Shared Genetic Factors Influence Head Motion During MRI and Body Mass Index

Karen Hodgson, Russell A. Poldrack, Joanne E. Curran, Emma E. Knowles, Samuel Mathias, Harald H.H. Göring, Nailin Yao, Rene L Olvera, Peter T Fox, Laura Almasy, Ravi Duggirala, Deanna M. Barch, John Blangero, David C. Glahn

Research output: Contribution to journalArticle

10 Citations (Scopus)

Abstract

Head movements are typically viewed as a nuisance to functional magnetic resonance imaging (fMRI) analysis, and are particularly problematic for resting state fMRI. However, there is growing evidence that head motion is a behavioral trait with neural and genetic underpinnings. Using data from a large randomly ascertained extended pedigree sample of Mexican Americans (n = 689), we modeled the genetic structure of head motion during resting state fMRI and its relation to 48 other demographic and behavioral phenotypes. A replication analysis was performed using data from the Human Connectome Project, which uses an extended twin design (n = 864). In both samples, head motion was significantly heritable (h2 = 0.313 and 0.427, respectively), and phenotypically correlated with numerous traits. The most strongly replicated relationship was between head motion and body mass index, which showed evidence of shared genetic influences in both data sets. These results highlight the need to view head motion in fMRI as a complex neurobehavioral trait correlated with a number of other demographic and behavioral phenotypes. Given this, when examining individual differences in functional connectivity, the confounding of head motion with other traits of interest needs to be taken into consideration alongside the critical important of addressing head motion artifacts.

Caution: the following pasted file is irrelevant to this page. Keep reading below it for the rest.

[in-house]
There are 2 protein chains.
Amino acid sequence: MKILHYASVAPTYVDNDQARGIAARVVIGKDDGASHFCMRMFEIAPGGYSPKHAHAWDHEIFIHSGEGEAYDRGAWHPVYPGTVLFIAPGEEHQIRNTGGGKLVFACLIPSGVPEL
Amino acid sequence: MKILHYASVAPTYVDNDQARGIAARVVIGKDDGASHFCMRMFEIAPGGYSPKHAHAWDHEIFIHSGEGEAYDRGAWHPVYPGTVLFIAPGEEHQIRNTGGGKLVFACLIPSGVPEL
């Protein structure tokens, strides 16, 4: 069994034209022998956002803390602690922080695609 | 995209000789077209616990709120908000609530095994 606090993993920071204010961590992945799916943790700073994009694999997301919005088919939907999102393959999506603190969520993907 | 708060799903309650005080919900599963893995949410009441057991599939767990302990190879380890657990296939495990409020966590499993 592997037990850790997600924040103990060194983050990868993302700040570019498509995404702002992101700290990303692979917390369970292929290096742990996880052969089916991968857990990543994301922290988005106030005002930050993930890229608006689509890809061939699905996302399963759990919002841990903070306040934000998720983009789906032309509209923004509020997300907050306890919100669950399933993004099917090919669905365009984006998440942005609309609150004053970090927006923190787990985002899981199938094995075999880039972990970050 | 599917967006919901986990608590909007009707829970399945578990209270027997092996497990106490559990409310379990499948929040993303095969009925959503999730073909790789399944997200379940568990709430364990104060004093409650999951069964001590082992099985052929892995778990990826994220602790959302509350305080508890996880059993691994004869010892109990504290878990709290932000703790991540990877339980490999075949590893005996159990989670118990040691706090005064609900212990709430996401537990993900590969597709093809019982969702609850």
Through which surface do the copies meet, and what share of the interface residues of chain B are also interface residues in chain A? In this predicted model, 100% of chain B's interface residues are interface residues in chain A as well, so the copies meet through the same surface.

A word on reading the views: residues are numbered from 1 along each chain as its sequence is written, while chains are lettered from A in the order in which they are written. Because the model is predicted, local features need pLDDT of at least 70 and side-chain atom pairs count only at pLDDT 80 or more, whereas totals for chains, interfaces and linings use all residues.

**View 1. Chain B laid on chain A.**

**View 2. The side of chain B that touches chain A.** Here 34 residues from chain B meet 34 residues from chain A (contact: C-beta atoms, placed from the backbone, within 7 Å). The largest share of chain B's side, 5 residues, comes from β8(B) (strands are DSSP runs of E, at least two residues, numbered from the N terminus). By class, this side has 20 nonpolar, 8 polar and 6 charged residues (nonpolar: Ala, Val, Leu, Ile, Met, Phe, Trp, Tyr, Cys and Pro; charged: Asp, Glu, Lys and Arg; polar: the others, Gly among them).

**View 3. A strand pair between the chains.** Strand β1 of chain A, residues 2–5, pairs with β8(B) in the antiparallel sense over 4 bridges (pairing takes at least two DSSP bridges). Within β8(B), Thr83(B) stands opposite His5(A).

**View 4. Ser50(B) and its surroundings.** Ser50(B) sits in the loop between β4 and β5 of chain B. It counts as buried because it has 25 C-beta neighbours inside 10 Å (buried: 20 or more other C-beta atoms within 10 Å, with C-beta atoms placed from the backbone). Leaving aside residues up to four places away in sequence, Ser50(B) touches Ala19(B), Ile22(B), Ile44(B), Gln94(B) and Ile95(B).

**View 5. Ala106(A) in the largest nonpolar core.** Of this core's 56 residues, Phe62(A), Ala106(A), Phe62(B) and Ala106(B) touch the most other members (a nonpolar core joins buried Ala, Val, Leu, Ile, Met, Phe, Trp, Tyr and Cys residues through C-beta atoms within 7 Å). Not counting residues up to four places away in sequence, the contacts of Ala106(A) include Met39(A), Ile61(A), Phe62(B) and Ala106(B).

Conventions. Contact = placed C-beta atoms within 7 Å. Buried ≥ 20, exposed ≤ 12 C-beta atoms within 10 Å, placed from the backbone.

Original languageEnglish (US)
Pages (from-to)5539-5546
Number of pages8
JournalCerebral cortex (New York, N.Y. : 1991)
Volume27
Issue number12
DOIs
StatePublished - Dec 1 2017

Fingerprint

Body Mass Index
Head
Magnetic Resonance Imaging
Connectome
Demography
Phenotype
Head Movements
Genetic Structures
Pedigree
Individuality
Artifacts

Keywords

  • BMI
  • head motion
  • MRI

ASJC Scopus subject areas

  • Cognitive Neuroscience
  • Cellular and Molecular Neuroscience

Cite this

Hodgson, K., Poldrack, R. A., Curran, J. E., Knowles, E. E., Mathias, S., Göring, H. H. H., ... Glahn, D. C. (2017). Shared Genetic Factors Influence Head Motion During MRI and Body Mass Index. Cerebral cortex (New York, N.Y. : 1991), 27(12), 5539-5546. https://doi.org/10.1093/cercor/bhw321

Shared Genetic Factors Influence Head Motion During MRI and Body Mass Index. / Hodgson, Karen; Poldrack, Russell A.; Curran, Joanne E.; Knowles, Emma E.; Mathias, Samuel; Göring, Harald H.H.; Yao, Nailin; Olvera, Rene L; Fox, Peter T; Almasy, Laura; Duggirala, Ravi; Barch, Deanna M.; Blangero, John; Glahn, David C.

In: Cerebral cortex (New York, N.Y. : 1991), Vol. 27, No. 12, 01.12.2017, p. 5539-5546.

Research output: Contribution to journalArticle

Hodgson, K, Poldrack, RA, Curran, JE, Knowles, EE, Mathias, S, Göring, HHH, Yao, N, Olvera, RL, Fox, PT, Almasy, L, Duggirala, R, Barch, DM, Blangero, J & Glahn, DC 2017, 'Shared Genetic Factors Influence Head Motion During MRI and Body Mass Index', Cerebral cortex (New York, N.Y. : 1991), vol. 27, no. 12, pp. 5539-5546. https://doi.org/10.1093/cercor/bhw321